For all of those that demand that Bryan Colangelo be fired, or have demanded it or will demand it later, just remember how impressive he is at pushing trades through that no one thinks he has a shot at completing.
It's an underrated skill for a GM, and it's as important as pure talent evaluation or drafting acumen, because none of that stuff means anything if you do not have the chops to buy and sell on your own terms when you've targeted certain players to grab or shed.
Bryan Colangelo has that skill, and it is vastly underrated when people evaluate him. Even when he signs highly controversial deals, like last summer's contract with Hedo Turkoglu, he has the ability to undo the damage in a way that few seem to appreciate.
Today, though, it would be hard for anyone to underestimate this particular ability of Toronto's beleaguered GM, as in one fell swoop he shed the last major vestiges of the Chris Bosh and went about remaking the team in the image many suspect he's always wanted.
Word began leaking out of the Arizona Republic (courtesy of Paul Coro) late last night that the Raptors had managed to swap Hedo and the $44-million over four years left on his contract for Leandro Barbosa and the $14.7-million left over two years on his. Alone, that deal was something quite stupendous; it jettisoned Colangelo's most lamented signing as the Raptors' GM, it did so without taking back a bad contract (Barbosa makes nearly $3-million less per-year than Hedo), it shaved two years of guaranteed money from the Raptors' bottom-line and the team actually filled a long-standing need in the process. In terms of the kind of contracts some were fearing the Raptors would have to absorb to unload Turkoglu, this was about as positive a move the team could have realistically hoped for under the circumstances.
However, as the night wore on word was that the Raptors were also going to use their Traded Player Exception from the Bosh sign-and-trade from last week to absorb the salary of former Suns forward, Boris Diaw.
The $18-million spread over two years that was owed to Diaw caused some raised eyebrows, since it hardly seemed like the kind of move that would have justified Colangelo's hardline stance about receiving the large TPE from Miami, but Diaw did make some sense as a replacement of sorts for the outgoing Turkoglu.
When he's engaged (which, admittedly, is not all the time), he's one of the most versatile players in the NBA, able to play all three frontcourt positions as well point forward and his defense is actually quite commendable for a former Sun. In Toronto, he'd also be reunited with Marc Iavaroni, the former Phoenix assistant who specialized in working with the team's bigs when Diaw had his breakout season in '05-'06. While no one was going to get excited about using the TPE that caused imaginations to run wild to nab Diaw, it was a low-risk move since he only had two years left on his deal, and would be at worst a $9-million expiring contract next summer that provided the team with some versatility in place of Hedo.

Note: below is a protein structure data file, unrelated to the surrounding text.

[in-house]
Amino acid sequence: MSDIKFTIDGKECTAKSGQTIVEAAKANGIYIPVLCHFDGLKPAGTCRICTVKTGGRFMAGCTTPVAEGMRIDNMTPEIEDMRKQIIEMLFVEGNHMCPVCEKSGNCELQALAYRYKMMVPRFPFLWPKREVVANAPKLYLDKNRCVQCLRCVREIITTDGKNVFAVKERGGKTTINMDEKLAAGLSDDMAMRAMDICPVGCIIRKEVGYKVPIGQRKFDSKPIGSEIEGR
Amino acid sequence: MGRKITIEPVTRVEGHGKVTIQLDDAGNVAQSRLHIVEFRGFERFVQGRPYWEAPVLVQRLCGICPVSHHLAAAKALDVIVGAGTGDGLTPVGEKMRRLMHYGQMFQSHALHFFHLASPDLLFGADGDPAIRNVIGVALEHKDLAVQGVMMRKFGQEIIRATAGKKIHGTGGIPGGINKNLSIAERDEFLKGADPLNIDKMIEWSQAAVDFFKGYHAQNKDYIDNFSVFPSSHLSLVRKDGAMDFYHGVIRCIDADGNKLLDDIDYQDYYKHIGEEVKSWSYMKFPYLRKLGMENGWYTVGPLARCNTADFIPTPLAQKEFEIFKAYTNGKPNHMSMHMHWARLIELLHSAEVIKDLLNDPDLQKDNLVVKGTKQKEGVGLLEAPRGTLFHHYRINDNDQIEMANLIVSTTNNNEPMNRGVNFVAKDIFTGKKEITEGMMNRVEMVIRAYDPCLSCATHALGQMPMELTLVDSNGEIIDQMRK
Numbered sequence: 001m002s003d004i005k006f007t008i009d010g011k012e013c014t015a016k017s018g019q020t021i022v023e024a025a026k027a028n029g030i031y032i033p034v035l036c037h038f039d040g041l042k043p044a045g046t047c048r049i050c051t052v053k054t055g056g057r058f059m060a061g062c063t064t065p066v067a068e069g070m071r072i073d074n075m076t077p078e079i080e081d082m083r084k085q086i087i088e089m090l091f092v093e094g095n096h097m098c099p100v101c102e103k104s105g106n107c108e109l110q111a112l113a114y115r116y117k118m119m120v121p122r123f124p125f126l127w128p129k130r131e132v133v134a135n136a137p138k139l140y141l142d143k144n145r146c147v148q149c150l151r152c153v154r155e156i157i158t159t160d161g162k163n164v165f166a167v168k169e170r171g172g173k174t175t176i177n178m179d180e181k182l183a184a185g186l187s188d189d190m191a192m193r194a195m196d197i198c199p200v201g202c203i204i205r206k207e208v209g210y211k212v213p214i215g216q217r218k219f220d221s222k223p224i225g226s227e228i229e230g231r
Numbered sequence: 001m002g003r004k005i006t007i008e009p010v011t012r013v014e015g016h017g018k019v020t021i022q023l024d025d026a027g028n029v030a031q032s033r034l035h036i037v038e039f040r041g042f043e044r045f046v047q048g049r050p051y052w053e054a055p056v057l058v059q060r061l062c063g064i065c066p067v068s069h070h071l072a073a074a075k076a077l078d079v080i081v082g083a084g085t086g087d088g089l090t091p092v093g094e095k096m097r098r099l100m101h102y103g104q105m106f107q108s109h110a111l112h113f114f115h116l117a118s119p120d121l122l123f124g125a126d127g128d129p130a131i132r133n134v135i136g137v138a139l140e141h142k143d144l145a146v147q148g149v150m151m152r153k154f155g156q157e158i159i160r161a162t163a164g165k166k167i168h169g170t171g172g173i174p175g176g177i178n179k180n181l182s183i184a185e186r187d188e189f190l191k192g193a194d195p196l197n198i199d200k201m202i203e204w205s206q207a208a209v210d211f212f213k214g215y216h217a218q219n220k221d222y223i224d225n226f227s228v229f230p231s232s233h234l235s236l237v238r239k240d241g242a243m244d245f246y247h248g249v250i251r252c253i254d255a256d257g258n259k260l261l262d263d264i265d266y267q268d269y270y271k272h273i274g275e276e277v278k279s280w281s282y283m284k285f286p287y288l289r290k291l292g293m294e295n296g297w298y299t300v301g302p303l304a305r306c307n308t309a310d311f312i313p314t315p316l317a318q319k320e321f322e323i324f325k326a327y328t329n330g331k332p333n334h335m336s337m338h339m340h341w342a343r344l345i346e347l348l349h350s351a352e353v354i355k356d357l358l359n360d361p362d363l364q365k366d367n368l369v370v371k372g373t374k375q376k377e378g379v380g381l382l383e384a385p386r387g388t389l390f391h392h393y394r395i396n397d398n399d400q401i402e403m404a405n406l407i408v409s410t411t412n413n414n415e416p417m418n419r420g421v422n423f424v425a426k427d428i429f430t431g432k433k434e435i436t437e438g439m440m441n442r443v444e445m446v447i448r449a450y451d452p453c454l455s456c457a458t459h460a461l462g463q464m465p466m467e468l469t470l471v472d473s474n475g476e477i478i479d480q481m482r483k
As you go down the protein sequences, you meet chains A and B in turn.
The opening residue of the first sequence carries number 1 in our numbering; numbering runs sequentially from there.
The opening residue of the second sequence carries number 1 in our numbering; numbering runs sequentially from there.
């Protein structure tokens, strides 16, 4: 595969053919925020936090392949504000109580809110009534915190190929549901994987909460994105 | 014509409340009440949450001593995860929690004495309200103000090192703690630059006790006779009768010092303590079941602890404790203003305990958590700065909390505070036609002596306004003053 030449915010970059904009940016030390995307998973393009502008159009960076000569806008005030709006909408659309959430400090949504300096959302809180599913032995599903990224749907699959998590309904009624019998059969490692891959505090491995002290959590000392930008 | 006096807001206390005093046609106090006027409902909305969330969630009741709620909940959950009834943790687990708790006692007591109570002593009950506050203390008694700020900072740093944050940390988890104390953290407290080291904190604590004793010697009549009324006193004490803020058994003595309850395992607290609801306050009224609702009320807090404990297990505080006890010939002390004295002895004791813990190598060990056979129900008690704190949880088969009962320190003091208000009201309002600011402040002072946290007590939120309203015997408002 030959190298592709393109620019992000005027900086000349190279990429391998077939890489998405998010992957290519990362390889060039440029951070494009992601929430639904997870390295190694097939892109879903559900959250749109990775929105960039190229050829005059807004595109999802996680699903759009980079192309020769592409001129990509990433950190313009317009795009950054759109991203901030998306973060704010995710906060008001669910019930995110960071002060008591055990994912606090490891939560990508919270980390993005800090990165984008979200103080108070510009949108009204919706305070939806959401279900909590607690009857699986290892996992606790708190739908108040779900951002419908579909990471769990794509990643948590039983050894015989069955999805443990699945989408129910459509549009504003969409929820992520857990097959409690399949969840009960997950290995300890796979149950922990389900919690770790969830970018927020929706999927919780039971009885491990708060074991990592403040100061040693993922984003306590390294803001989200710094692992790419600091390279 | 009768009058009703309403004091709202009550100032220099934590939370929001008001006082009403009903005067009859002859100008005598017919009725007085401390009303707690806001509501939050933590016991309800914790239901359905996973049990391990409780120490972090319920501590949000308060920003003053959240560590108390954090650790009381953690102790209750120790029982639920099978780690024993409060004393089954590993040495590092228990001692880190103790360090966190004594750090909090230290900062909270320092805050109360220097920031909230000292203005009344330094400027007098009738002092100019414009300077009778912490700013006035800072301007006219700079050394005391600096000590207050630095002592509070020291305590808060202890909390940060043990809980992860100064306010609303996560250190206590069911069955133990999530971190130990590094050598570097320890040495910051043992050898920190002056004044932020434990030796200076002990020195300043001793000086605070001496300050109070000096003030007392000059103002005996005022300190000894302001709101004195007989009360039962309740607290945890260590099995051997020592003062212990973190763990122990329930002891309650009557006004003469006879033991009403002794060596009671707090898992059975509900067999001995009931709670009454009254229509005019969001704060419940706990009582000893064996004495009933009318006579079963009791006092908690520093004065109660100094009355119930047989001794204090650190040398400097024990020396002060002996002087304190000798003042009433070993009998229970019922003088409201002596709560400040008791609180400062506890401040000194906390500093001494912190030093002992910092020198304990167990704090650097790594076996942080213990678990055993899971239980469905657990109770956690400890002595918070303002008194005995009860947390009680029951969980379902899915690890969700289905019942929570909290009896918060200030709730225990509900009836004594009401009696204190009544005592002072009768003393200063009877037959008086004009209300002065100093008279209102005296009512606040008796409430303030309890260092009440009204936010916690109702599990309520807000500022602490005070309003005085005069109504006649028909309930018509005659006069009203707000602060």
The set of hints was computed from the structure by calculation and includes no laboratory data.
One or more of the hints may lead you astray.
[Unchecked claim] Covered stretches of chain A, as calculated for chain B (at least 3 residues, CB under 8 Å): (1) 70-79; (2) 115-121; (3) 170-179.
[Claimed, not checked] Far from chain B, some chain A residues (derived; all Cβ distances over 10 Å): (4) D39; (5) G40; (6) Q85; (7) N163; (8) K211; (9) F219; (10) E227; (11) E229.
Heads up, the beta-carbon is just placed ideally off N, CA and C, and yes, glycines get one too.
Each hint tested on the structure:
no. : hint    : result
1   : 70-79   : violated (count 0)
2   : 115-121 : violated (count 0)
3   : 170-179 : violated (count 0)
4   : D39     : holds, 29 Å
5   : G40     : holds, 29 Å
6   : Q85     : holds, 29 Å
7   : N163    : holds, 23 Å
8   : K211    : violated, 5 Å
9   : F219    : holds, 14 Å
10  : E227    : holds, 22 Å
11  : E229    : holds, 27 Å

That thinking, of course, became irrelevant by about noon today as the story bloomed even bigger, with Toronto using Jose Calderon and Reggie Evans in place of their TPE to acquire not just Diaw but pogo-stick centre Tyson Chandler, as well.
If the TPE deal left some non-pulsed, swapping team's second most onerous contract (Calderon, at $30-million over three years) for one two-year pact and one large expiring pact (Chandler makes $12.7-million this season and expires at season's end) has to be met with some measure of enthusiasm. That should be especially true since Chandler marks the first time the Raptors have had a true centre worth a damn since Marcus Camby. Now Andrea Bargnani slides down to his natural power forward position, just like Colangelo wanted him to do, and he's protected by a career 8.8 rebound-per-game guy who, at 7-foot-1, has the length to actually protect the paint from penetration and post-ups. Chandler, along with Bargnani, Amir Johnson Diaw, Ed Davis and Linas Kleiza (who has been signed to an offer sheet that is not expected to be matched by Denver) now gives the Raptors one of the biggest front lines in the NBA. Plus, Chandler, Johnson, Diaw and Davis all give the Raptors a defensive edge that they've sorely lacked for several years under the basket.
In fact, that is part of the most ironic elements to this tale. In one 24-hour period, the Raptors have acquired two pieces that were in desperate need during the entirety of the seven year Chris Bosh era in Toronto, and they've done it less than a week after Bosh committed himself officially to another team. Barbosa gives the Raptors an offensive spark plug off of the bench who will apply pressure to defenses by creating shots for himself and others, while Chandler, as was stated above, represents the legit centre the team has been desperate for since Antonio Davis pleaded to move back to power forward in 2001. While Diaw doesn't address a specific need, per se, he is the kind of Swiss Army Knife player that can excel in just about any system because of the staggering versatility to his game.
Of course, the thing that these three, along with Kleiza, have in common is the element that actually provides the true context for the particulars of these moves. Sure, the Raptors were eager to unload Turkoglu and Calderon, vestiges of an era that never really panned out, but there were a few different directions that the team could have gone with those assets. The fact that they've acquired who they've acquired demonstrates more firmly than any summer before that this year's iteration of the Raptors intends to base it's attack on the fast break.